Tips and Tricks with Joanne van der Leun
Today's Tips and Tricks will focus on LinkedIn and my guest this week is Professor Joanne van der Leun. When I was looking for a guest to interview about LinkedIn, her profile stood out to me because it's complete and utilises all of the options on offer.
Today's Tips and Tricks will focus on LinkedIn and my guest this week is Professor Joanne van der Leun. She's a criminologist focussing on the field of urban issues of crime and migration. In addition to her research and teaching responsibilities, she's also the Academic Director of the Institute for Criminal Law and Criminology. When I was looking for a guest to interview about LinkedIn, Professor Van der Leun's profile stood out to me because it's very complete and utilises all of the options LinkedIn offers to academics. Here is what she has to say about LinkedIn and what makes it a useful tool for her.
Why did you choose to setup a LinkedIn-page?
I started with LinkedIn because I was looking for a way to keep in touch with the policy field as criminologist and to reach a broader public with some of my publications and activities. Nowadays, I primarily use my profile with over 1,000 contacts to keep track of colleagues, people I meet at conferences and former students. Without an efficient networking tool this would be impossible.
In addition to LinkedIn do you also keep a profile on one of its academic counterparts, such as Academia.edu or ResearchGate?
I do have a Google Scholar profile ( that’s why I usually do not post my publications anymore on LinkedIn) and a ResearchGate profile. Now colleagues are telling me I should go to Academia.edu as well, so that is on my list. But in my experience so far, LinkedIn is the one that allows best for networking on a broader scale.
What value does it add for you?
LinkedIn is nice if you are naturally curious. But it adds other value as well. If I want to help a student find a research internship, my LinkedIn network is indispensable. Moreover, having insight in how careers of alumni develop, is helpful information when adjusting or developing our curriculum. In addition, keeping in touch with colleagues at other universities or abroad is much easier if you follow their updates and every now and then react to them. I have also noticed that parties outside academia contact me more often for questions and policy-related activities since I use LinkedIn. And last but not least, my network directs me to professional publications and blogs in my fields of interest, which is very useful in time of information overload.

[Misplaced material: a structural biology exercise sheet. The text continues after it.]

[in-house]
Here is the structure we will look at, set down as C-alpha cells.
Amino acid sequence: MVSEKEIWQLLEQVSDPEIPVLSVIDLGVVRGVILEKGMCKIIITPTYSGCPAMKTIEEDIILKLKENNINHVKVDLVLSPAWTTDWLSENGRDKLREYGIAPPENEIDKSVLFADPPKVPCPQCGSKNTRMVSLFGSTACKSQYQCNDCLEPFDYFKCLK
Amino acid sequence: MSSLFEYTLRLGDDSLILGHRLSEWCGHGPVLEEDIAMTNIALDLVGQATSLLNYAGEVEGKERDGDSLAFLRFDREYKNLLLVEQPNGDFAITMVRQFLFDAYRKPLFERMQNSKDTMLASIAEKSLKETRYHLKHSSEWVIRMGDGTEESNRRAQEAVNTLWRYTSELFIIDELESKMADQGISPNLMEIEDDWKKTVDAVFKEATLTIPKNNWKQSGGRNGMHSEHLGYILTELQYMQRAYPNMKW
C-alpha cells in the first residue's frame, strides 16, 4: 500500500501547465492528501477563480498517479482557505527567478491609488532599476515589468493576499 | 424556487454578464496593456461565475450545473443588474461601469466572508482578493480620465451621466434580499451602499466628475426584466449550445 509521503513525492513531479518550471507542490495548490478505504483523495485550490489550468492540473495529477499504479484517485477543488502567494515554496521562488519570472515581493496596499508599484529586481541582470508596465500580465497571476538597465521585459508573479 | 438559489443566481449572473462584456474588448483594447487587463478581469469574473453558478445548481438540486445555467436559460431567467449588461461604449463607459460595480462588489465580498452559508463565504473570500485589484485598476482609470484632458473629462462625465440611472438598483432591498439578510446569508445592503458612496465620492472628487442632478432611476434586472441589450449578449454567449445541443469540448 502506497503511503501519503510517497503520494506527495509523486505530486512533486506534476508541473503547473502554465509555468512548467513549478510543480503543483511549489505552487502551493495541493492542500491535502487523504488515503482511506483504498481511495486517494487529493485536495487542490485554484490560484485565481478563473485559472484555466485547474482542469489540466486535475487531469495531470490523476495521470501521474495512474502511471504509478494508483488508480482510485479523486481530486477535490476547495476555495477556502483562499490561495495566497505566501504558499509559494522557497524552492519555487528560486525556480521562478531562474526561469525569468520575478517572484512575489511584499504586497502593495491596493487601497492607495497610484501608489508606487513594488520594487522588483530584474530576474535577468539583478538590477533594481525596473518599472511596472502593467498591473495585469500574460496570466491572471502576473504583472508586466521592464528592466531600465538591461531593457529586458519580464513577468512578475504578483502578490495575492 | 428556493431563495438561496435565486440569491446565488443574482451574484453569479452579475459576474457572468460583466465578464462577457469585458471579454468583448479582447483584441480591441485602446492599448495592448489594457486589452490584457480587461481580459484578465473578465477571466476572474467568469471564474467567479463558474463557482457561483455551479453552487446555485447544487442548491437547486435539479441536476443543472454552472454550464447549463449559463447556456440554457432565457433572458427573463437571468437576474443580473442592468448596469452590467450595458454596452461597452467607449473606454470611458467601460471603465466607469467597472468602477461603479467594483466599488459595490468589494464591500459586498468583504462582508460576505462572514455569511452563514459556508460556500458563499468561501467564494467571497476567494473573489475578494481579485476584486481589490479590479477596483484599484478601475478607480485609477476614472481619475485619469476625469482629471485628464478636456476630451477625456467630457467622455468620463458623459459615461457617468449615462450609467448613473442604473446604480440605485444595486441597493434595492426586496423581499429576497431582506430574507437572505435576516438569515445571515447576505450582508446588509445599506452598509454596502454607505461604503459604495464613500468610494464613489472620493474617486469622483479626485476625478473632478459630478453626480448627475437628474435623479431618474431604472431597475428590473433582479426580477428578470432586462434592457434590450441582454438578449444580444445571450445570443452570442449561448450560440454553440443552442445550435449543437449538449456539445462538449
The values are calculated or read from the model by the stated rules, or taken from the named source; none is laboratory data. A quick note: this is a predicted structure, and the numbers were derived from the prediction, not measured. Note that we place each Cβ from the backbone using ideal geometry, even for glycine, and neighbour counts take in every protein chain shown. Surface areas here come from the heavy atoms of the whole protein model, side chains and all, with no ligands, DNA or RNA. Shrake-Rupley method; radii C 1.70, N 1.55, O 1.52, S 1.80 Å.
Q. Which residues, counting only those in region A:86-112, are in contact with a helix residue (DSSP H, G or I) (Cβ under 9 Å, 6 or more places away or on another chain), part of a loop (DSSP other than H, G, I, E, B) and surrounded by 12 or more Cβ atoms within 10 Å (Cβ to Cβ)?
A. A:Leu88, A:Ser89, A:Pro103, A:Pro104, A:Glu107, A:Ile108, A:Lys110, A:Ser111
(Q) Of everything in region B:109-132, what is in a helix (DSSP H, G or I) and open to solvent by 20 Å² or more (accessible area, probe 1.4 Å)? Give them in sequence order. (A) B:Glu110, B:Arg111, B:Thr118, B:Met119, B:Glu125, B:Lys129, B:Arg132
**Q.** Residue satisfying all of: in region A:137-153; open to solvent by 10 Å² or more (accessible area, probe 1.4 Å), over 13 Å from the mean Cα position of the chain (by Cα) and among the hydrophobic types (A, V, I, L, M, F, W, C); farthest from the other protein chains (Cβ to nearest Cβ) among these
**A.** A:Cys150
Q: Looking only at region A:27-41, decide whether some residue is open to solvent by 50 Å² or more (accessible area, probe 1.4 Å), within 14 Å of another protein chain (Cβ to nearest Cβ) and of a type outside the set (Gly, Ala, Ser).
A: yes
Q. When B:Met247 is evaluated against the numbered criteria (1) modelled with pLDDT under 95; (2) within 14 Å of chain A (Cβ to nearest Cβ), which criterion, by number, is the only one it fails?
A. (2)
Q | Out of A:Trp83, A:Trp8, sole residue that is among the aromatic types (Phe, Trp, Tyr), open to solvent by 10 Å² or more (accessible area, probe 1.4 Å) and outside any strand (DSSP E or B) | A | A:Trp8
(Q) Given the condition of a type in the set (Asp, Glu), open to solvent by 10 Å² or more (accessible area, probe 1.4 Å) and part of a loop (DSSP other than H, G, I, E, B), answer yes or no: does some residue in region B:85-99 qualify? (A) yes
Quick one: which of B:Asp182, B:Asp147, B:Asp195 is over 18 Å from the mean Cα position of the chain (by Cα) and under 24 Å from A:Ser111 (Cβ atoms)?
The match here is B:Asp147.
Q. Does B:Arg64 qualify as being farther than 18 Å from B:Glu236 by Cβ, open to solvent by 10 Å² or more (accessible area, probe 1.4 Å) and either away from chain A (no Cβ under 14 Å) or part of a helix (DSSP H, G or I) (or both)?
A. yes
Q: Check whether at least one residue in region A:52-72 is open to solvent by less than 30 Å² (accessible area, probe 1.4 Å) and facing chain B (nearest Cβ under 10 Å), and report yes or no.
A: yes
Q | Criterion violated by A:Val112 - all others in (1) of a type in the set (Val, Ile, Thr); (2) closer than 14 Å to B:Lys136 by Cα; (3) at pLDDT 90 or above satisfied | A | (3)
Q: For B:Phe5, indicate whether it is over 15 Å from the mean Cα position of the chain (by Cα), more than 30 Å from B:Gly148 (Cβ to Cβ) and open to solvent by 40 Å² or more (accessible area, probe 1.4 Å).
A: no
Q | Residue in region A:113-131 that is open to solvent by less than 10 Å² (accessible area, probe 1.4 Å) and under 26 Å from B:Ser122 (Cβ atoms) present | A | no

How does LinkedIn work for you? Does keeping your profile up to date take up much of your time?
I typically use the iPad app to read and add updates a couple of times a week at the end of the evening. If I teach a course for a broader public or if I am engaged in organizing an event or post a blog, I often add a link. It does not take up much time and it might even save time ( no more looking for names and contact information).
Do you use any other forms of social media in your work, such as Twitter, Facebook or a blog?
I blog at Leiden Law Blog, which I enjoy a lot because it is also a way of reaching out to a wider audience. I am not a fan of Facebook, as I do not like the thin line between personal and professional use ( that’s probably a criminologist’s point of view) .
Any tips and tricks you’d like to share?
- LinkedIn groups are very helpful. By following discussions and debates you will also be directed to interesting reads outside academia. In particular if you are working in a field with direct connections to wider society (as my field is), I consider groups a must.
- Be selective when accepting connection requests, there must be a reason to have a person in your network.
- If the above does not work out well and you get annoyed by a person's updates, simply (and unobtrusively) hide them.